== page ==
A horizontal (geometric) datum provides accurate coordinates (e.g., latitude and longitude) for points on Earth’s surface. Historically, surveyors developed a datum using optically sighted instruments to manually place intervisible survey marks in the ground. This survey work incorporated geometric principles of baselines, distances, and azimuths through the process of triangulation to attach a coordinate value to each survey mark. Triangulation produced a geodetic network of interconnected survey marks that realized the datum (i.e., connecting the geometry of the network to Earth’s physical surface). For local surveys, these datums provided reasonable positional accuracies on the order of meters. Importantly, once placed in the ground, these survey marks were passive; a new survey was needed to determine any positional changes (e.g., due to plate motion) and to update the attached coordinate values. Starting in the 1950s, due to the implementation of active control, space-based satellite geodesy changed how geodetic networks were realized. Here, "active" implies that a survey mark’s coordinates are updated in near real-time through, for example, artificial satellites such as GNSS. Increasingly, GNSS and satellite geodesy is paving the way for a modernized geometric datum that is global in scope and capable of providing positional accuracies at the millimeter level.

##### DM-52 - Horizontal (Geometric) Datums

A horizontal (geometric) datum provides accurate coordinates (e.g., latitude and longitude) for points on Earth’s surface. Historically, surveyors developed a datum using optically sighted instruments to manually place intervisible survey marks in the ground. This survey work incorporated geometric principles of baselines, distances, and azimuths through the process of triangulation to attach a coordinate value to each survey mark. Triangulation produced a geodetic network of interconnected survey marks that realized the datum (i.e., connecting the geometry of the network to Earth’s physical surface). For local surveys, these datums provided reasonable positional accuracies on the order of meters. Importantly, once placed in the ground, these survey marks were passive; a new survey was needed to determine any positional changes (e.g., due to plate motion) and to update the attached coordinate values. Starting in the 1950s, due to the implementation of active control, space-based satellite geodesy changed how geodetic networks were realized. Here, "active" implies that a survey mark’s coordinates are updated in near real-time through, for example, artificial satellites such as GNSS. Increasingly, GNSS and satellite geodesy is paving the way for a modernized geometric datum that is global in scope and capable of providing positional accuracies at the millimeter level.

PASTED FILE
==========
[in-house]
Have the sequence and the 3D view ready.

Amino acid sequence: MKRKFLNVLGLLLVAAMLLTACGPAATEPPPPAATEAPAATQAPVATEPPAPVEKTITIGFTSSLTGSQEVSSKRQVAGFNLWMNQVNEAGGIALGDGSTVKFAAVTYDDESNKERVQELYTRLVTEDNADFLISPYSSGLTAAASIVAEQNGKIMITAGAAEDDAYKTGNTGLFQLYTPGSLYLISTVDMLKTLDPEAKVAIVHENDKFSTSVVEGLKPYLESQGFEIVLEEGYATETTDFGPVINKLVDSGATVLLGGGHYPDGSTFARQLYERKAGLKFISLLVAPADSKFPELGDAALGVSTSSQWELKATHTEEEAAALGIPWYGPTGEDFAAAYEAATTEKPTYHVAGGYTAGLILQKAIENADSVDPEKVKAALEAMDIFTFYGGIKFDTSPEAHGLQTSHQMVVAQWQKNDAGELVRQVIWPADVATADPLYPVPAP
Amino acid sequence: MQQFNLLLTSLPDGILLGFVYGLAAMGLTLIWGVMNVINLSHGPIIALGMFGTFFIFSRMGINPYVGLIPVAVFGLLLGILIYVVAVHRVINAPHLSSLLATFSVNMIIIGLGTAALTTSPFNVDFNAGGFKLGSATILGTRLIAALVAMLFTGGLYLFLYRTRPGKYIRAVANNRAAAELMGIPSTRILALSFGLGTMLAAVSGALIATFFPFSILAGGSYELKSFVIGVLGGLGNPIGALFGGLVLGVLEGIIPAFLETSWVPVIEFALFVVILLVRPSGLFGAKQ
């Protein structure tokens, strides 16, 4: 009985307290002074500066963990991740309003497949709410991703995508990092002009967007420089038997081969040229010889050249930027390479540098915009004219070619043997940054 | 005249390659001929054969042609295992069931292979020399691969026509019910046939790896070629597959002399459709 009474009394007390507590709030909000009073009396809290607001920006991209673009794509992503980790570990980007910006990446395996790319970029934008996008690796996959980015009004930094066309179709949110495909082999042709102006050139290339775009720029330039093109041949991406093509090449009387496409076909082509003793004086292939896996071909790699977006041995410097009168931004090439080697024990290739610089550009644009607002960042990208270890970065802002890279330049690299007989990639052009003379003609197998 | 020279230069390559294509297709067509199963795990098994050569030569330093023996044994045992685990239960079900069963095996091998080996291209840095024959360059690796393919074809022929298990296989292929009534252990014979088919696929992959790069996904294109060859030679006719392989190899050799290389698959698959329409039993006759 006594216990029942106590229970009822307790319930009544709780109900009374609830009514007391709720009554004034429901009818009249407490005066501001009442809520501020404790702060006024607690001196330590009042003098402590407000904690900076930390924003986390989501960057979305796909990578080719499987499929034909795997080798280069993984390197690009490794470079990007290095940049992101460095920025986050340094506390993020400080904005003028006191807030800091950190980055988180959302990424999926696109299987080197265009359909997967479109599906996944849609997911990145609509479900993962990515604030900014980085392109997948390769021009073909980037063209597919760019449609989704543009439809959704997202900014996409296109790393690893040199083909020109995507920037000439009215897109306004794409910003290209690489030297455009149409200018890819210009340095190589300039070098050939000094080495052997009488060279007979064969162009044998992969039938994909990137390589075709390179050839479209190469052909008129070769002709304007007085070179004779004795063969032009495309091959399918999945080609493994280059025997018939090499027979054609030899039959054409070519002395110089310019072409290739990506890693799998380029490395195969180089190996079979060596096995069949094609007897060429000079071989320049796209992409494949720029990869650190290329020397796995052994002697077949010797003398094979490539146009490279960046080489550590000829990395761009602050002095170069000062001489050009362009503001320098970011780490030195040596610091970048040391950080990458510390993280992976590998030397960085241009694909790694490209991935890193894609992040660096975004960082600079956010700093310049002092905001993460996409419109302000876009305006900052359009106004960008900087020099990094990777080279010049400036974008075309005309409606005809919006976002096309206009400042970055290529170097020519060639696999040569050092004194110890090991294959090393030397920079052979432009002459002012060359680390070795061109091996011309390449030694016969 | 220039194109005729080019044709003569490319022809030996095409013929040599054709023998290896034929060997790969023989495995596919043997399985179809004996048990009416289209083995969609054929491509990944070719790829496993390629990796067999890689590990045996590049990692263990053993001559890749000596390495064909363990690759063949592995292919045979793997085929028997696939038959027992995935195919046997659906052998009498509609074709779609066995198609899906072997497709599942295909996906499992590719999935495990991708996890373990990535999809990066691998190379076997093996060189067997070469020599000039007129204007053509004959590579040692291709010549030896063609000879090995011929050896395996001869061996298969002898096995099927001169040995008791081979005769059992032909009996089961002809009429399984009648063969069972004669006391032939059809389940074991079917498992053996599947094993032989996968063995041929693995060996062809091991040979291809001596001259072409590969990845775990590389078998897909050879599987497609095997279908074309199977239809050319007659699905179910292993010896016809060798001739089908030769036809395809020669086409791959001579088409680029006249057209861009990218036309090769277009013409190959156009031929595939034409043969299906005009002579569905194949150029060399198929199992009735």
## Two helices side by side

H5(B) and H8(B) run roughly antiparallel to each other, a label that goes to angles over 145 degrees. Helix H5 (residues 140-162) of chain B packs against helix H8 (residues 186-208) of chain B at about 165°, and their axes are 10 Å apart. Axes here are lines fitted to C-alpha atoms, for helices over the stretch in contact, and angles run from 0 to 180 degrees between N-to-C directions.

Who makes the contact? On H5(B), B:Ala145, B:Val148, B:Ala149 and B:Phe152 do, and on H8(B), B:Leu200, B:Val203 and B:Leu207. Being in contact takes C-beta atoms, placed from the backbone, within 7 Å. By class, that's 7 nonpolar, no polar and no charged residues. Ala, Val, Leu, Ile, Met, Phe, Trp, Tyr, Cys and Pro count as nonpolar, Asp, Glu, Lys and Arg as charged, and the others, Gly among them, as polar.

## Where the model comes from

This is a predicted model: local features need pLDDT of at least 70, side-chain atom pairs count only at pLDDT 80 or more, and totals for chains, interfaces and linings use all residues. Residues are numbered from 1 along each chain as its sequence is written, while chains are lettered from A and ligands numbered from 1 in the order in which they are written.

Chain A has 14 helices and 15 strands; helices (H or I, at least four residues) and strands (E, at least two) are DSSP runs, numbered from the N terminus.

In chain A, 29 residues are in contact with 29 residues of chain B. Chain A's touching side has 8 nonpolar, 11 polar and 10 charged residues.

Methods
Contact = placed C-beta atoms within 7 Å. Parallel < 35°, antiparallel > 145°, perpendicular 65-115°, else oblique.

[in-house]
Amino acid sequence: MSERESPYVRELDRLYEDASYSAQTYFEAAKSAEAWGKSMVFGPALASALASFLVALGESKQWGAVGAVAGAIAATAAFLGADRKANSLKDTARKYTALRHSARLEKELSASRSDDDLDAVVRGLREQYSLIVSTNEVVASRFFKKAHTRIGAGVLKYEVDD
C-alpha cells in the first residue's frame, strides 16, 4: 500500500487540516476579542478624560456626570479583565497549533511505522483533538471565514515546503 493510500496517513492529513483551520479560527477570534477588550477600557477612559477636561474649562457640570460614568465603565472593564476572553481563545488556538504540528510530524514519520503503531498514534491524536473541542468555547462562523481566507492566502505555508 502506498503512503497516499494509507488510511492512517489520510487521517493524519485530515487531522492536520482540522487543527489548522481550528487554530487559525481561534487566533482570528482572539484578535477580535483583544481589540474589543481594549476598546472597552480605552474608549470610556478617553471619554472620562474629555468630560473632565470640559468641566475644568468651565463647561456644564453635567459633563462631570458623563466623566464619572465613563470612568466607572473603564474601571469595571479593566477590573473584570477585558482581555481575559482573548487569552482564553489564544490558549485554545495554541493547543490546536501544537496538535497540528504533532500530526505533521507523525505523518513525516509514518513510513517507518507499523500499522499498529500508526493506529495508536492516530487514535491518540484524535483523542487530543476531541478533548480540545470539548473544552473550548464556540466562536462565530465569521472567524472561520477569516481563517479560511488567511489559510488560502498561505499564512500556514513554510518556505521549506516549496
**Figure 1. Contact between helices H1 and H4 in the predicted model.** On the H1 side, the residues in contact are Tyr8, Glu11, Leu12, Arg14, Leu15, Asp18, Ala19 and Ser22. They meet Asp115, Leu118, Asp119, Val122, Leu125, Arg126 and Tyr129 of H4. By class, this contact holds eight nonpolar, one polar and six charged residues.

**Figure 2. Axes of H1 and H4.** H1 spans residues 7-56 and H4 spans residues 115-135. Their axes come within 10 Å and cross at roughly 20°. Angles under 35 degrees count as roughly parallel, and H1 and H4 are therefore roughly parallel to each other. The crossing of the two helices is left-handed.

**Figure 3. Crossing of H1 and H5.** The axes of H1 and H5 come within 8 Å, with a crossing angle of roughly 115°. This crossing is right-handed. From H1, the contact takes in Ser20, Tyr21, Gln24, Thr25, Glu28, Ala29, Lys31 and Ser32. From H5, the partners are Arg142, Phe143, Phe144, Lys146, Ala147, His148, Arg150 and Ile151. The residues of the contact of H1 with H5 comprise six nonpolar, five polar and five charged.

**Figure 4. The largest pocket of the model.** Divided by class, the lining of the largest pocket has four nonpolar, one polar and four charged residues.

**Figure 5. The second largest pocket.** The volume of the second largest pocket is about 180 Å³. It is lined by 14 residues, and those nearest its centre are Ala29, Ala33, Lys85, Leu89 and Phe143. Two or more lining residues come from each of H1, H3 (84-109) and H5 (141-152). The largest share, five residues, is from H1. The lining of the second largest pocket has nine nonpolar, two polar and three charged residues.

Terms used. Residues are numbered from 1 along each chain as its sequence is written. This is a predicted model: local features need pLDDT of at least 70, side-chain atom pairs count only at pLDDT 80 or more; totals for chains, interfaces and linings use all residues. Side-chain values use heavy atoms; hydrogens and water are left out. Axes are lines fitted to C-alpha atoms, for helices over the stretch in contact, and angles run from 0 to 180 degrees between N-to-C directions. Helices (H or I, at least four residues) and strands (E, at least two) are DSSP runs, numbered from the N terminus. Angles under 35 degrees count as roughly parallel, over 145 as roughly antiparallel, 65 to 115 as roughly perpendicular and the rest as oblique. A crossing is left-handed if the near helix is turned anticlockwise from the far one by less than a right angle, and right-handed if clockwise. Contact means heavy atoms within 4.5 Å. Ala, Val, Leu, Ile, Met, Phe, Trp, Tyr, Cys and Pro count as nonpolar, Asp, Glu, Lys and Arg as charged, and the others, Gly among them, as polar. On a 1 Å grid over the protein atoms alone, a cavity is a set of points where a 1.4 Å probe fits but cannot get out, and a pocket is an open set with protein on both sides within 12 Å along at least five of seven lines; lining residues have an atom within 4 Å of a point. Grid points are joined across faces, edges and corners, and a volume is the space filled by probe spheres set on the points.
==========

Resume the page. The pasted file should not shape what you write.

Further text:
##### DM-52 - Horizontal (Geometric) Datums

A horizontal (geometric) datum provides accurate coordinates (e.g., latitude and longitude) for points on Earth’s surface. Historically, surveyors developed a datum using optically sighted instruments to manually place intervisible survey marks in the ground. This survey work incorporated geometric principles of baselines, distances, and azimuths through the process of triangulation to attach a coordinate value to each survey mark. Triangulation produced a geodetic network of interconnected survey marks that realized the datum (i.e., connecting the geometry of the network to Earth’s physical surface). For local surveys, these datums provided reasonable positional accuracies on the order of meters. Importantly, once placed in the ground, these survey marks were passive; a new survey was needed to determine any positional changes (e.g., due to plate motion) and to update the attached coordinate values. Starting in the 1950s, due to the implementation of active control, space-based satellite geodesy changed how geodetic networks were realized. Here, "active" implies that a survey mark’s coordinates are updated in near real-time through, for example, artificial satellites such as GNSS. Increasingly, GNSS and satellite geodesy is paving the way for a modernized geometric datum that is global in scope and capable of providing positional accuracies at the millimeter level.